CAMBRIDGE, England - My teammate, Ericka Iles of Belleville, has coined a phrase that's become almost iconic of our trip to the East of the England: "It feels like I'm walking through a history book."
As of this writing, we haven't even been in England for two full weeks, and we've done and seen more than most tourists could ever imagine. The doors to the past, present and future of this region have been opened to us, and we've been granted the guided tour.
History surrounds us each step of our journey. From visiting pubs built in the 12th and 13th centuries to touring the world-renowned University of Cambridge, the opportunities are endless.
We've learned that many of our hosts, all Rotarians from District 1080 in the East Anglia area, are much like us in that they sometimes take their surroundings for granted. When the inbound team from England visited Southern Illinois this spring, they were captivated by wonders such as the Shawnee National Forest in Southern Illinois, which we tend to just accept as the norm.
Personally, I've been able to see - and in some
cases - touch, newspapers from the Revolutionary War era, an original signed copy of "The Jungle Book" by Rudyard Kipling, the notes of Charles Darwin and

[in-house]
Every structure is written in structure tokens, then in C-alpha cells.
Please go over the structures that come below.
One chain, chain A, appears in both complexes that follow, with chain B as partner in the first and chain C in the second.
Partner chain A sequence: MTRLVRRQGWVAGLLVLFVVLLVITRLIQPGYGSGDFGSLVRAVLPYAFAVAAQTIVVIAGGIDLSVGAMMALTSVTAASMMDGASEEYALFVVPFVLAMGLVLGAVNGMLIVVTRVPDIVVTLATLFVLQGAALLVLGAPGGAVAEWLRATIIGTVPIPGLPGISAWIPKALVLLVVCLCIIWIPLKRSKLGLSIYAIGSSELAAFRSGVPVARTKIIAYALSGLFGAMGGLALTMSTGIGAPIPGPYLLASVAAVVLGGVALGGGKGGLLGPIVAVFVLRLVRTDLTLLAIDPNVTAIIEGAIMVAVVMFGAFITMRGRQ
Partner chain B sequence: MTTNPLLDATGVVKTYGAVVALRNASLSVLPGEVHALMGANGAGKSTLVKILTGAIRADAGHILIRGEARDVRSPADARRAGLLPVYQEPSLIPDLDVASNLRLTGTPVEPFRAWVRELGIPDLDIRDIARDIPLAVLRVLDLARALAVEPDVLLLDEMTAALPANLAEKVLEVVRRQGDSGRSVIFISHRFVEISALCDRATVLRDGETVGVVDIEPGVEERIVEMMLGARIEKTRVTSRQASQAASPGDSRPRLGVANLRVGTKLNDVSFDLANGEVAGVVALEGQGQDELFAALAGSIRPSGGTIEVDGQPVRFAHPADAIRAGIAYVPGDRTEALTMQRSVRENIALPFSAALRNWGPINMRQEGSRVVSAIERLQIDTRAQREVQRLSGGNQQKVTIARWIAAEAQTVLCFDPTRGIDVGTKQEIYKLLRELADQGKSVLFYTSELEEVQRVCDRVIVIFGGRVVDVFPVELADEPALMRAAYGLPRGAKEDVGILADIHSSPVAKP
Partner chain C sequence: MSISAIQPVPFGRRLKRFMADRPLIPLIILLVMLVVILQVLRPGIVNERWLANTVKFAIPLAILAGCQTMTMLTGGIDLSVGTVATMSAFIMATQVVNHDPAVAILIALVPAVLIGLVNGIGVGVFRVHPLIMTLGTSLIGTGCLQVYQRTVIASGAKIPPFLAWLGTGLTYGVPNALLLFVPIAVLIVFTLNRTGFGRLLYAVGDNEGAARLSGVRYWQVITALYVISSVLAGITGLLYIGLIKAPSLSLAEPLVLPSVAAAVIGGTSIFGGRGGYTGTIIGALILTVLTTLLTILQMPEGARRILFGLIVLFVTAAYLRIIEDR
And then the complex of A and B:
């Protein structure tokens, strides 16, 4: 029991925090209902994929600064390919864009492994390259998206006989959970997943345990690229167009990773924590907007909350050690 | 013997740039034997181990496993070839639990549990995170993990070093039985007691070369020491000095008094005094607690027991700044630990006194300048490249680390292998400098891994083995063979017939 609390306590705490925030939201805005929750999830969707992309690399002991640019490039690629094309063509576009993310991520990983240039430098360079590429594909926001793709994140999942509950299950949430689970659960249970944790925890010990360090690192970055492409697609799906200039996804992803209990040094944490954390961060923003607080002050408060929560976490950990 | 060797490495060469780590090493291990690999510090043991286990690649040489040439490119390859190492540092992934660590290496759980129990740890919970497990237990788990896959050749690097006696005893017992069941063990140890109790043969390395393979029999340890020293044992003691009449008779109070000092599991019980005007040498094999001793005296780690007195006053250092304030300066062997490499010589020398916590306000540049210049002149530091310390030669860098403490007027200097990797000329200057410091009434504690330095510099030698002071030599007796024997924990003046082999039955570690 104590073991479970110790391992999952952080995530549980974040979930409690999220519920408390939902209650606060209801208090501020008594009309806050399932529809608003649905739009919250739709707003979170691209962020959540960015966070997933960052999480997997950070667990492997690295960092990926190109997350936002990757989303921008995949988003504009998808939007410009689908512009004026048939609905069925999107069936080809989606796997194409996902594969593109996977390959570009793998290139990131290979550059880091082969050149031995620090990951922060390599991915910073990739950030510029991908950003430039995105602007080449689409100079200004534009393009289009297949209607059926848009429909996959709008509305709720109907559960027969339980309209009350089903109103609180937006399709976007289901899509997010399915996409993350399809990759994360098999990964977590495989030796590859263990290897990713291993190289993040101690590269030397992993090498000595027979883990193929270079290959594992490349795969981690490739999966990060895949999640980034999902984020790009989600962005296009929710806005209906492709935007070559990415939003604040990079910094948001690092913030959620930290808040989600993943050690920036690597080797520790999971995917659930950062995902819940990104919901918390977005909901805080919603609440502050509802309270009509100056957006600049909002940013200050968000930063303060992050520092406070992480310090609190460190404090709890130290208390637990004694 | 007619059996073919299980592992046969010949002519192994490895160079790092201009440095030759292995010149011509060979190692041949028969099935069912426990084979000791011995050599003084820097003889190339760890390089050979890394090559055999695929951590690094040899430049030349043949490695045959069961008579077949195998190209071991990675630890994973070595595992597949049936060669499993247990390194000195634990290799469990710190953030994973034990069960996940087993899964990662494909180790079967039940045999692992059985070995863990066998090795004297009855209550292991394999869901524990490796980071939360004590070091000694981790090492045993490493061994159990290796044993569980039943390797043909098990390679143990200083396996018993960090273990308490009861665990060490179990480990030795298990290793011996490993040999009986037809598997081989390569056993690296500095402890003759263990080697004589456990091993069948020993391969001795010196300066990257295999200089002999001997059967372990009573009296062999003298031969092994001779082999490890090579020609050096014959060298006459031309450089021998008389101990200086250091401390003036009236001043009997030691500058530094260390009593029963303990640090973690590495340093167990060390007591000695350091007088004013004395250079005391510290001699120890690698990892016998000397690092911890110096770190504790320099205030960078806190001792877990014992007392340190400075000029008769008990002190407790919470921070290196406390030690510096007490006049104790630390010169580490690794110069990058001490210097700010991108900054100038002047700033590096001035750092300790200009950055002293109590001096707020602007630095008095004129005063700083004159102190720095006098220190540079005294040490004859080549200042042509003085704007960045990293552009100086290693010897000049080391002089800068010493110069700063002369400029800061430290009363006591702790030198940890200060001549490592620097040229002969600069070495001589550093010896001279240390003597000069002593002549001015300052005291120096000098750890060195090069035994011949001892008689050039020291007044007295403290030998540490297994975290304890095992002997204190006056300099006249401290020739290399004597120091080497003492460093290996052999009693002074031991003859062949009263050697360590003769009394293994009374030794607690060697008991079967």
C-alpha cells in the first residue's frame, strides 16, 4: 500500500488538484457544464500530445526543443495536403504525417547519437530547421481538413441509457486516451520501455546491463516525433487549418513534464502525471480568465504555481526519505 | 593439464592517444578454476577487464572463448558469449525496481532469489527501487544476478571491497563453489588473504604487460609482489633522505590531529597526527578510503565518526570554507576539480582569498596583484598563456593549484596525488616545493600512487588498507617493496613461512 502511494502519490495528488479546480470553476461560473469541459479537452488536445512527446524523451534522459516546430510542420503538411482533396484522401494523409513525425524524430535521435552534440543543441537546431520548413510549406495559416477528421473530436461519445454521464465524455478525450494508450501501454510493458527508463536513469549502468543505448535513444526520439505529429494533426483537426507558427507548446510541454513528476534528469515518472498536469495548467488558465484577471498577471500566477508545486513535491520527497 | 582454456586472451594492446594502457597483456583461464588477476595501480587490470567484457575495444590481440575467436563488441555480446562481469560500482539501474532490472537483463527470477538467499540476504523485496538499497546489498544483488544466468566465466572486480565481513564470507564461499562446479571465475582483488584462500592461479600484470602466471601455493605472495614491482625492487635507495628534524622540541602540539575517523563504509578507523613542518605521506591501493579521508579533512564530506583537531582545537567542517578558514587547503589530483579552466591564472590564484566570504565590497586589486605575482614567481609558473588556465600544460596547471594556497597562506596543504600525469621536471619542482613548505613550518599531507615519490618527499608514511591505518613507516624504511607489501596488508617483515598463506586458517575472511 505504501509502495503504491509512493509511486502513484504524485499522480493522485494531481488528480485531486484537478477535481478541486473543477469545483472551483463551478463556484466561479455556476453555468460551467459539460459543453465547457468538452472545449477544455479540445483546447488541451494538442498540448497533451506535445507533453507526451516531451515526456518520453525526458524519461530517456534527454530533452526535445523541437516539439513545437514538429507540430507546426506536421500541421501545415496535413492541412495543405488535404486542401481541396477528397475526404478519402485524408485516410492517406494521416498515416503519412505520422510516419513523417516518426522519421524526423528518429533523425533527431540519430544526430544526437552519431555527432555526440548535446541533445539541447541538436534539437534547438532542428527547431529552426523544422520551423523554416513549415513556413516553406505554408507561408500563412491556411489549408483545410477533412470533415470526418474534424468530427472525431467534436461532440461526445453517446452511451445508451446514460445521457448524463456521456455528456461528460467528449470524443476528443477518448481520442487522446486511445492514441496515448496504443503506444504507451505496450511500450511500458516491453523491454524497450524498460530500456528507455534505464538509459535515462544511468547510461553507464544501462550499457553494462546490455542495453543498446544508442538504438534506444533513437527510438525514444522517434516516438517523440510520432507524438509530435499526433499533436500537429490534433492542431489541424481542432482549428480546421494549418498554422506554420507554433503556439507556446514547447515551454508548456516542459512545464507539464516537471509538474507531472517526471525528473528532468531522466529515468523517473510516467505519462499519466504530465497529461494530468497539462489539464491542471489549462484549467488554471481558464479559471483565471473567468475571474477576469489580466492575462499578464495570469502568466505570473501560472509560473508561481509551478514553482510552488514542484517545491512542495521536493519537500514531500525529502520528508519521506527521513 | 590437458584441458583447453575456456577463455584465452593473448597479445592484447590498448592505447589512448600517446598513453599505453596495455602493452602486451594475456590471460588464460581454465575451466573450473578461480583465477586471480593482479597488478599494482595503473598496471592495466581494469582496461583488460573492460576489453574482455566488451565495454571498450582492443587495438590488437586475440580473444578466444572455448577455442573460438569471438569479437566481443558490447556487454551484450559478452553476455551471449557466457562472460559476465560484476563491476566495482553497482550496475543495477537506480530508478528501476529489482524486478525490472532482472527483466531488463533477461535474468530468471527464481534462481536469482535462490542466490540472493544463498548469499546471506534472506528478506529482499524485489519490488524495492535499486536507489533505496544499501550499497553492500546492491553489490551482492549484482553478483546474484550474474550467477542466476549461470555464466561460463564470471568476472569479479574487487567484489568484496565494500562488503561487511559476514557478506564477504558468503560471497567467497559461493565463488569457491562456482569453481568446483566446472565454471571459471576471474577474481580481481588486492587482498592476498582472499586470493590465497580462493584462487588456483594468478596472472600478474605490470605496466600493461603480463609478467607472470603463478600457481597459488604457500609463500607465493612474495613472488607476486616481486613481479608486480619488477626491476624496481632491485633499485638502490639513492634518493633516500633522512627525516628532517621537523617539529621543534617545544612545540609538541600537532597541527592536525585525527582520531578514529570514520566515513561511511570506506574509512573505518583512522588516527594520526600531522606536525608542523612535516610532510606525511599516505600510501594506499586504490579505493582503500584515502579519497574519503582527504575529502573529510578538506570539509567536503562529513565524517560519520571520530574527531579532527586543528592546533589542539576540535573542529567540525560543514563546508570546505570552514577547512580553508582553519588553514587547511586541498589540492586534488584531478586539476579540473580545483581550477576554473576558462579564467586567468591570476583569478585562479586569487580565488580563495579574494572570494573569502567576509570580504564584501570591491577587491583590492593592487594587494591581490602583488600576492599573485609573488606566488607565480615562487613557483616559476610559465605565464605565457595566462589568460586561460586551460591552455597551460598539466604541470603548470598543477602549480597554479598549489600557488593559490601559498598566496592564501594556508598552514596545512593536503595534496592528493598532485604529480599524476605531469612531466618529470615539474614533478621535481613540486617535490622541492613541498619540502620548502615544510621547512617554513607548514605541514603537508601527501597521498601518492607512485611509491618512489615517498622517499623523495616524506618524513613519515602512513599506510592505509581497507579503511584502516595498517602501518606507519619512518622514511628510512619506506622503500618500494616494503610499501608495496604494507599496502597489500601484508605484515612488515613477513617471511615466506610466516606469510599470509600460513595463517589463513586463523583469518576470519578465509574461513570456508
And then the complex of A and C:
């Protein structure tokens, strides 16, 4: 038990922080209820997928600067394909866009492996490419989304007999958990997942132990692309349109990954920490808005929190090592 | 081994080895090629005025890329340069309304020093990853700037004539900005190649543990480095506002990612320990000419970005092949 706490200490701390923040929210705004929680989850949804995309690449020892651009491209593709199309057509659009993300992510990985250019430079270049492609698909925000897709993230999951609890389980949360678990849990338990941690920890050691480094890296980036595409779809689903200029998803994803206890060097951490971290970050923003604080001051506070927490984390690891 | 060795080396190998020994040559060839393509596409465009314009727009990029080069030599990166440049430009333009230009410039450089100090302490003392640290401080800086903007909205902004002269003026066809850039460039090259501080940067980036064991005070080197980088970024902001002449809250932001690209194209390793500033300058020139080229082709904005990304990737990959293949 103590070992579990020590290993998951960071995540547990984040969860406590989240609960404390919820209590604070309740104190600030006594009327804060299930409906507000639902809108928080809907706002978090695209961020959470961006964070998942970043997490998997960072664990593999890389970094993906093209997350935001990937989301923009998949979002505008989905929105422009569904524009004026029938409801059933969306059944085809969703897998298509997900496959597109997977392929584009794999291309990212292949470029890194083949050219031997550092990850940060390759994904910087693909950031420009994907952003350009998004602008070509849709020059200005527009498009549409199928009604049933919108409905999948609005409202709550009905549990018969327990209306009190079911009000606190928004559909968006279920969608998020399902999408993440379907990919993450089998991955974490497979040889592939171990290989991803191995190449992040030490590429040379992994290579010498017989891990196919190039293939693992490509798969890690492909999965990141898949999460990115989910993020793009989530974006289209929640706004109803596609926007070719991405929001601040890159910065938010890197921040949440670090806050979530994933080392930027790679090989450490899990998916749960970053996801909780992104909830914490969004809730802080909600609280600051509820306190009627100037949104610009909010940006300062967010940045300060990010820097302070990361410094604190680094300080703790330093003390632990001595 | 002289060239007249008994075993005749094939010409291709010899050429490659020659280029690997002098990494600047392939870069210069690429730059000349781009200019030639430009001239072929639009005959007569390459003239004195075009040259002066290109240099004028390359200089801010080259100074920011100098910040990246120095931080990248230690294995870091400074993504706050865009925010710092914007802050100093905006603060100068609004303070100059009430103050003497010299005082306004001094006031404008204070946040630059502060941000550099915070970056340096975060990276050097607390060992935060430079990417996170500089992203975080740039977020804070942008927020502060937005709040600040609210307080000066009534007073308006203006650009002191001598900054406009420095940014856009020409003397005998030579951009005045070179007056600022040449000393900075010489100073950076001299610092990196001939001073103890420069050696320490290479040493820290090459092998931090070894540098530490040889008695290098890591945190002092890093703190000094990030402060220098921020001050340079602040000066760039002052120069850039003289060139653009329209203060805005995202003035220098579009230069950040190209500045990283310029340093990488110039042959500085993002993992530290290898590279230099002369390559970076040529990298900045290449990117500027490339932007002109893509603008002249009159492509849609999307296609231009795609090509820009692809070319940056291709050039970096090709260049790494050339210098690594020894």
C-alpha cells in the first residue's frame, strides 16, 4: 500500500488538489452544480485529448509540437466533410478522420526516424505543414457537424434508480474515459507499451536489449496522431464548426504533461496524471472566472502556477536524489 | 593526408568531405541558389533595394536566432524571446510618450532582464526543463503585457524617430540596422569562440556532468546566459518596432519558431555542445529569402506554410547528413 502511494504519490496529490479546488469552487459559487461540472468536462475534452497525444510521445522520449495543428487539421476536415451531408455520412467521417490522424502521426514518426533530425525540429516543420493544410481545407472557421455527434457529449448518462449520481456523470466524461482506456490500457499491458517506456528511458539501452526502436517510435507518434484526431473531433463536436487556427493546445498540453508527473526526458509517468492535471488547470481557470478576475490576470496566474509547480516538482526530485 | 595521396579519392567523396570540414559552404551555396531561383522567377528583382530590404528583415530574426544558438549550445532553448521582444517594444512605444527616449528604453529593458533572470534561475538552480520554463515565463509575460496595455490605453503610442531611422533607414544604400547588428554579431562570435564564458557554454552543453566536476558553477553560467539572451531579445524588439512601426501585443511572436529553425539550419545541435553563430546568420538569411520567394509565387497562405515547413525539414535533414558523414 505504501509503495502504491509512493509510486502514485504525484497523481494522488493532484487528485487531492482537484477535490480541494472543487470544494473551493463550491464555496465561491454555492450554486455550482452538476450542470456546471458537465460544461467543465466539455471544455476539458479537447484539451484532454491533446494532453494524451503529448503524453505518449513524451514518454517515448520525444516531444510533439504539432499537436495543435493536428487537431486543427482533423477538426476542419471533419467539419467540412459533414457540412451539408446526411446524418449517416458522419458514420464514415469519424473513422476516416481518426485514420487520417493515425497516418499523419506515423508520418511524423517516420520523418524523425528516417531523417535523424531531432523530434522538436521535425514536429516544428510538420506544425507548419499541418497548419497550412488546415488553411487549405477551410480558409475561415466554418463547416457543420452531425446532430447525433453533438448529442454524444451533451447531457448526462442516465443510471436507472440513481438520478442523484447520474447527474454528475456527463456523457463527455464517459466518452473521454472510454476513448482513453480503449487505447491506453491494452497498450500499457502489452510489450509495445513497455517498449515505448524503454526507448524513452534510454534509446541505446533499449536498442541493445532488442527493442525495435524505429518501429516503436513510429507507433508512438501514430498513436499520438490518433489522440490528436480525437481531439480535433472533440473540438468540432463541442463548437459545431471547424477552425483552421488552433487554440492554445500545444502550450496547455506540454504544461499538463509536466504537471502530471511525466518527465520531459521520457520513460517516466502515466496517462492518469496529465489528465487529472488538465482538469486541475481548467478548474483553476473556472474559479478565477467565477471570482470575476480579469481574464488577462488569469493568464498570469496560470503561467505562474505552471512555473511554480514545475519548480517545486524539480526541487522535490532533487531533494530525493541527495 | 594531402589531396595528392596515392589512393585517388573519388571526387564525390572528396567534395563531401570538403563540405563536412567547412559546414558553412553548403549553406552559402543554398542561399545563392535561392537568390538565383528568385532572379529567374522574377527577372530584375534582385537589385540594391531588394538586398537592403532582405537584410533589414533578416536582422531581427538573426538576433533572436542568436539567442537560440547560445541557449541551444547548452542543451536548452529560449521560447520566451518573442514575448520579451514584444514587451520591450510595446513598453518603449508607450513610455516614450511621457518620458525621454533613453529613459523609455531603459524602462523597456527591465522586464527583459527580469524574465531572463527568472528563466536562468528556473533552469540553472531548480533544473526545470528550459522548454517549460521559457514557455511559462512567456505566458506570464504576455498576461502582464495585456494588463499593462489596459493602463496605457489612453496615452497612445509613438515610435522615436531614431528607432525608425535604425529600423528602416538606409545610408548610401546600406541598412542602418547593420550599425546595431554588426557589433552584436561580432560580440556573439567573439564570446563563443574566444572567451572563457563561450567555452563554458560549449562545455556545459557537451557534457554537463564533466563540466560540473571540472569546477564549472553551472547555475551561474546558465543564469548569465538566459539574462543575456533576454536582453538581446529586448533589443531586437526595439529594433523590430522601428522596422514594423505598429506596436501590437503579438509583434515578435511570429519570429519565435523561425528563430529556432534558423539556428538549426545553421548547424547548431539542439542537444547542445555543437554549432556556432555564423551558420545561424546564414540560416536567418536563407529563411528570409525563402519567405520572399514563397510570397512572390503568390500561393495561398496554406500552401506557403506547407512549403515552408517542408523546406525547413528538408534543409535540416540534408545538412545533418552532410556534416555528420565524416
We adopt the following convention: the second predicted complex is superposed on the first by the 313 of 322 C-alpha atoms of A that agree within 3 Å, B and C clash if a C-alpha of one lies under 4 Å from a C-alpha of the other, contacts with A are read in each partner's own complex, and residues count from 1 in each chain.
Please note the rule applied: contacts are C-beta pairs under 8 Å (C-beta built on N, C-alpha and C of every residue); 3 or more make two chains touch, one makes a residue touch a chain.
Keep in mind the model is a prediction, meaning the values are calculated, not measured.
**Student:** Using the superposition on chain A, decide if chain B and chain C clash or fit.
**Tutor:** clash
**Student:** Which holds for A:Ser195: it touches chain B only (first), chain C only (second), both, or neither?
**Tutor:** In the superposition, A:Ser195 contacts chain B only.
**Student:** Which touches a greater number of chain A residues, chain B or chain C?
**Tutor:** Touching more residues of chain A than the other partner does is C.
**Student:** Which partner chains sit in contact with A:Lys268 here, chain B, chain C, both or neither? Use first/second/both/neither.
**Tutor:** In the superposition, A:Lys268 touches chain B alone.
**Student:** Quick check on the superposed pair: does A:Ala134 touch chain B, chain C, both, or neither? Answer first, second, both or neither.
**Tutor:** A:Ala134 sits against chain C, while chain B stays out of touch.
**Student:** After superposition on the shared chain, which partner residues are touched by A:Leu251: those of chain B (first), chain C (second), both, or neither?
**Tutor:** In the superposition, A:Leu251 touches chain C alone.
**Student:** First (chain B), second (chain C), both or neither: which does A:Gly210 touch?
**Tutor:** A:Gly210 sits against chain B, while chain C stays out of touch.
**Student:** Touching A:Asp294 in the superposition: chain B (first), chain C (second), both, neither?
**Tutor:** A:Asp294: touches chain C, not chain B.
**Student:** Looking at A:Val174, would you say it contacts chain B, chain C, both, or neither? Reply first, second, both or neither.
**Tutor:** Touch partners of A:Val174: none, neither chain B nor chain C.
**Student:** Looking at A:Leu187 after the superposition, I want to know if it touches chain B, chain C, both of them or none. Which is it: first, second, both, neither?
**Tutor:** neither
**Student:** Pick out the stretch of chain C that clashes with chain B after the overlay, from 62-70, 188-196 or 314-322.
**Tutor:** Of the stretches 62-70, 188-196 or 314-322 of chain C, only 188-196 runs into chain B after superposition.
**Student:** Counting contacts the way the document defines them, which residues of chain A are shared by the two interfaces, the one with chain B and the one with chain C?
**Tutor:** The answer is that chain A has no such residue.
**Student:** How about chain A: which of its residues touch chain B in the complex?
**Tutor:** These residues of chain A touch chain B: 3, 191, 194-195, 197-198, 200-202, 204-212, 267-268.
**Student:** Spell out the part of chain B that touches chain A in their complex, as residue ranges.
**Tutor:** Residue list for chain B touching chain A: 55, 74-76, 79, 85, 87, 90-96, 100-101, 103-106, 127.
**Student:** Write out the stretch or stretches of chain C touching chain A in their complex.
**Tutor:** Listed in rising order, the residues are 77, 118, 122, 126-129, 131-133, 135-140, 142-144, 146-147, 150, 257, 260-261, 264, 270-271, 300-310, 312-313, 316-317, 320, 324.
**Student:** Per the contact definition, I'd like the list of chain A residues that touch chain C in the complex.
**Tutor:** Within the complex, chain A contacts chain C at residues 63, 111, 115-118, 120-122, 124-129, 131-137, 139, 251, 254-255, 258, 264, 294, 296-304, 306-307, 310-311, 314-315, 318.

a Bible belonging to arctic explorer Robert Falcon Scott.
But there's been much more than history laid before us. Our team has had the opportunity meet with local leaders, such as the Lord Mayor Jenny Law of Norwich and Barry George Coleman, mayor of the coastal city of Great Yarmouth.
Each guest we've met has given us insight into the daily lives, struggles and successes of their cities and their residents. One of the most shocking parts of the trip has been learning just how similar Southern Illinois and East Anglia are.
But our trip wouldn't be possible if not for Rotary International, and we've had the opportunity to see Rotary at work in England. One of the highlights of trip for myself (and I think I can safely say the rest of the team) was visiting Sailability.
This program, based on the manmade system of lakes known as The Broads, teaches and enables people with physical and mental disabilities to sail, both with a partner and alone.
These individuals become capable of competing on the same level as others in regional sailing competitions, and, in some cases, it's helped solve problems within families, as it offers a way for parents to connect with children who may otherwise be isolated because of their condition.
Each step of our journey through England has been inspiring in a different way. Our historic visits have given us newfound appreciation for the past, discussions with leaders provide us inroads into current situations and looking at Rotary projects like Sailability truly demonstrate the effect the efforts of a small group of people can have.